(Good) practice makes perfect.

The most challenging part of learning to play any new instrument? Practice time.


As with developing any new skill, learning to play piano requires consistent, dedicated time to build muscle memory. We've put together a few ideas for how to make the most out of your time at the piano bench – our go-to tips for effective and pain-free practice!



1. SHORTER IS BETTER.


First, and foremost: shorter is better. Instead of sitting down at the piano for an hour at a time, divide your practice into smaller, more frequent chunks. Our attention spans only last so long before we feel the pull of distractions. 10 minutes of focused practice twice a day is much more effective than 20 minutes of sitting at the bench, scrolling through Instagram, and plunking out the occasional note. Practice for short amounts of time to maximize your focus and progress.



2. GO SLOW.


When you're flying through those scales or triads at the start of your practice – stop, take a deep breath, and slow it way down. If you play too quickly, you'll start to make silly mistakes that lead to bad playing habits. Instead, start by picking a tempo where you can play the scale slowly, steadily, and without making any mistakes. Gradually, you can begin to increase the tempo, but always opt for slow and consistent over fast and sloppy to make sure you're building good technique.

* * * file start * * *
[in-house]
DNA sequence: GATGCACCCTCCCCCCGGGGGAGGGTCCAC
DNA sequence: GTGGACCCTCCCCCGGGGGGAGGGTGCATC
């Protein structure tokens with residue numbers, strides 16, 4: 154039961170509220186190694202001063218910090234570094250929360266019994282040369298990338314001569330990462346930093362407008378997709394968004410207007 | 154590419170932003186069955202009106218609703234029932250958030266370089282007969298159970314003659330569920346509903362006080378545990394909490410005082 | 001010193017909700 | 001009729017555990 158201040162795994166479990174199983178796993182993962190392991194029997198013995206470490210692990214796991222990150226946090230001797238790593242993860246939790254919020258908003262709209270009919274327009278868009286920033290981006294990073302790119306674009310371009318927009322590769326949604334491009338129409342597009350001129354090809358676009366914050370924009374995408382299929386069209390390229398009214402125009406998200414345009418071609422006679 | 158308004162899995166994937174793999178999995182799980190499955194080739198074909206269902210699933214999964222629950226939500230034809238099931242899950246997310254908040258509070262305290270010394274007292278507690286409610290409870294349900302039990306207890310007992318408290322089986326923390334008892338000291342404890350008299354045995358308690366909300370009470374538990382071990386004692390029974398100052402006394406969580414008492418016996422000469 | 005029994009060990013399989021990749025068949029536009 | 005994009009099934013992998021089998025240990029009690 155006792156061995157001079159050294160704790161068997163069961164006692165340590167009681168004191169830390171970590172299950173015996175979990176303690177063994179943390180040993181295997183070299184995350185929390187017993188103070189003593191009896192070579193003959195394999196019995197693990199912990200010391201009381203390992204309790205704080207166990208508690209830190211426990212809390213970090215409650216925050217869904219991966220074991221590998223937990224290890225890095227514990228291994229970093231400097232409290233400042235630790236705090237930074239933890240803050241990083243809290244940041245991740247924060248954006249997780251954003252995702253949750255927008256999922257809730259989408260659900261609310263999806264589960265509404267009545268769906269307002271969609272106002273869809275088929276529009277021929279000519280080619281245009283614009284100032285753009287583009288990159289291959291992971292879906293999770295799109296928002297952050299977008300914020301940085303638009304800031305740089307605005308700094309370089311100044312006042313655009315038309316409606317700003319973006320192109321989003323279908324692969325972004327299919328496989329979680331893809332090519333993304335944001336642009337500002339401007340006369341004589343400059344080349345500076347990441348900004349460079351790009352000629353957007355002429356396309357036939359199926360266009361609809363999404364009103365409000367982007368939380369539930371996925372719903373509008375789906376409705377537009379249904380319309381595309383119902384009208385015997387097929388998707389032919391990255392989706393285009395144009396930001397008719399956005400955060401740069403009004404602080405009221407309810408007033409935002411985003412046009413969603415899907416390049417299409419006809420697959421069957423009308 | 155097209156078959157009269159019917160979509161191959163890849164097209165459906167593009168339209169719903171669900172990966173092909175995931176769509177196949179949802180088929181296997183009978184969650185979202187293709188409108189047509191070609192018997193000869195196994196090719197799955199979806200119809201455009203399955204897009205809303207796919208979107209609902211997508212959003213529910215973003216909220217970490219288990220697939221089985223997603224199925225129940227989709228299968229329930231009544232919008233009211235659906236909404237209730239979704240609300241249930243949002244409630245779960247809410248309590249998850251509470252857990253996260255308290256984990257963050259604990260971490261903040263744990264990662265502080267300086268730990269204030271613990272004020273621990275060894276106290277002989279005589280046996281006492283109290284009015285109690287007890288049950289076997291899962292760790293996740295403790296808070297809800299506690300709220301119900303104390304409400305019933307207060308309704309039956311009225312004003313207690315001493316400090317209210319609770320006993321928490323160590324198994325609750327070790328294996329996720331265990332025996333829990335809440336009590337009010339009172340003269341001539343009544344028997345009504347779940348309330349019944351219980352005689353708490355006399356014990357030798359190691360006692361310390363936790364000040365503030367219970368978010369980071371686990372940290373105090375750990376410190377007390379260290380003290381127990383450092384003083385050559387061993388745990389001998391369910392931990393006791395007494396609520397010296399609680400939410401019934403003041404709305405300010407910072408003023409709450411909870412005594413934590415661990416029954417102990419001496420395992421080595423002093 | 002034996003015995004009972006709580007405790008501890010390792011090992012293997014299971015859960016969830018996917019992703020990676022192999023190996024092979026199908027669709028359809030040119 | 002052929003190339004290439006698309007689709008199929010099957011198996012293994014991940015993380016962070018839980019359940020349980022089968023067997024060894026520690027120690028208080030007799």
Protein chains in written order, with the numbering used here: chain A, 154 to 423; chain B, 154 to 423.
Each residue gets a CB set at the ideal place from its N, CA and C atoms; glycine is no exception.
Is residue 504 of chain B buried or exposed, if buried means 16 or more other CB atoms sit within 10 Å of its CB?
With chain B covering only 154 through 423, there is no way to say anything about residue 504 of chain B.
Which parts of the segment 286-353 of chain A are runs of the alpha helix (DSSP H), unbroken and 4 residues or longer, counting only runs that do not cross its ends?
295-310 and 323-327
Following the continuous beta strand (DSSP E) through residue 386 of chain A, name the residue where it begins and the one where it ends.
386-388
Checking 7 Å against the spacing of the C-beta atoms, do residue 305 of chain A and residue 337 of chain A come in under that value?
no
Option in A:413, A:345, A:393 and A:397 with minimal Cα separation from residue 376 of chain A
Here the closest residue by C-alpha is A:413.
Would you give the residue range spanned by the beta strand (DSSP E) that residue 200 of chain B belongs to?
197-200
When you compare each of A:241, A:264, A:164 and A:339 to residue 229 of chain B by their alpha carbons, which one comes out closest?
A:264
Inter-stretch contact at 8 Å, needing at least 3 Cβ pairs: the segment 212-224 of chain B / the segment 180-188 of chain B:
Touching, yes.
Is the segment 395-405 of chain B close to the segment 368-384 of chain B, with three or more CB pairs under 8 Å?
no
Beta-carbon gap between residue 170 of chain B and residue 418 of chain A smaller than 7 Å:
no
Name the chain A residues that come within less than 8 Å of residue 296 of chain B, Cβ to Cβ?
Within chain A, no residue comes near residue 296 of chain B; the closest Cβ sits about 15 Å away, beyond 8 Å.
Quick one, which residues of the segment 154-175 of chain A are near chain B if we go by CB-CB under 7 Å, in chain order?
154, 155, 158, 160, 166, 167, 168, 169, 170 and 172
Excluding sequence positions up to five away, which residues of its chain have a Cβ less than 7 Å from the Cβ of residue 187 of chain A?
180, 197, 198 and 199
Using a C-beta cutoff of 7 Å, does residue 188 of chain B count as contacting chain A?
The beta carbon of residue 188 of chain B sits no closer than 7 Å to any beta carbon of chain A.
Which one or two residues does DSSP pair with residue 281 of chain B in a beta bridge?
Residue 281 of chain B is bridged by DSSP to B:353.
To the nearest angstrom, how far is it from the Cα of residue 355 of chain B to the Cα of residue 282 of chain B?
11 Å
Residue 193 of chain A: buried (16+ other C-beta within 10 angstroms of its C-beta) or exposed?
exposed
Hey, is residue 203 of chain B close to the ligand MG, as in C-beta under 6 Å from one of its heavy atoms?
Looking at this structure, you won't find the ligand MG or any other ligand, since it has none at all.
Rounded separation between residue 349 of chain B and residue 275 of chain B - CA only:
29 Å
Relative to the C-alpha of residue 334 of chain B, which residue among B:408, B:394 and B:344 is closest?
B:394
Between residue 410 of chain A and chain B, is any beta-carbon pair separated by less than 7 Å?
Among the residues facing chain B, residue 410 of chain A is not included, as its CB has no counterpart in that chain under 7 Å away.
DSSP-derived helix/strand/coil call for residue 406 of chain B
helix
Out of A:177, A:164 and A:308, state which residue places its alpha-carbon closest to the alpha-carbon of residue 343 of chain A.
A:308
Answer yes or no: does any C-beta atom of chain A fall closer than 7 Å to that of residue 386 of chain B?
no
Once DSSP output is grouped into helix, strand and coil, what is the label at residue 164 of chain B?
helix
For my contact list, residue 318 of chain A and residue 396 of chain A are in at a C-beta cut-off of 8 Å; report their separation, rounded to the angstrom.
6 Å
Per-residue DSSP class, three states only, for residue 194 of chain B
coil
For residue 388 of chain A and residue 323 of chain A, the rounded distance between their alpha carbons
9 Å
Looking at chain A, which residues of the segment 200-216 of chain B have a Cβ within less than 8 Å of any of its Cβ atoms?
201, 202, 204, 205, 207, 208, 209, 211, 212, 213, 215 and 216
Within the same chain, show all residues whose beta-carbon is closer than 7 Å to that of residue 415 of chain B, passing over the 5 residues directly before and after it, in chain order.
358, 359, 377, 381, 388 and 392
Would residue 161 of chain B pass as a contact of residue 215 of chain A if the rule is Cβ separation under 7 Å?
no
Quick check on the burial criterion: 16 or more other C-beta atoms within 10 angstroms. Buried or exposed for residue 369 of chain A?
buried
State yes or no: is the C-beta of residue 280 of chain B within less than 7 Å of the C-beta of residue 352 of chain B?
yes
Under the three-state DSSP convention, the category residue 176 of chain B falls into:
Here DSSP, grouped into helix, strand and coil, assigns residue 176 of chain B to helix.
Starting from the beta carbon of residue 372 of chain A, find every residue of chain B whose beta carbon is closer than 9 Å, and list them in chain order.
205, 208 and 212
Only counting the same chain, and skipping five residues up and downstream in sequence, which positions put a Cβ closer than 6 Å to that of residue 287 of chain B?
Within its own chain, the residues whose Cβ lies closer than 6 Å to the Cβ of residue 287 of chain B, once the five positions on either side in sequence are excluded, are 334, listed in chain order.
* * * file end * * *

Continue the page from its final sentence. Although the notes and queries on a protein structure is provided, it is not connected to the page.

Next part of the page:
3. TREAT YOURSELF.


Anyone else very motivated by treats? On those days when sitting down at the piano bench is the very last thing you feel like doing, give yourself a little motivation. Save that post-lunch piece of chocolate for after you've done 10 minutes of chords. Earn that second cup of coffee with a quick 5-minute play through your repertoire. We are all about bribery and rewards.



4. USE VISUAL AIDS (PLUS A DOWNLOAD!).


Memorizing chord patterns, key signatures, and the notes of each scale takes time. Sometimes, I still have to stop and think about how many flats are in the key of D-flat major. Eventually, our hands learn the chord positions and simply know where to go. In the meantime, having visual aids is really helpful for remembering the notes in each chord and scale.



We've created a FREE piano chord chart for the major keys. You can download a copy, print it out, and hang it next to your piano. Let us know how you like it!




Any other good practice advice out there?

© 2020 by The Bortzes At Home Studio

Read Terms & Conditions | Privacy Policy

(604) 258–8663

thebortzes@gmail.com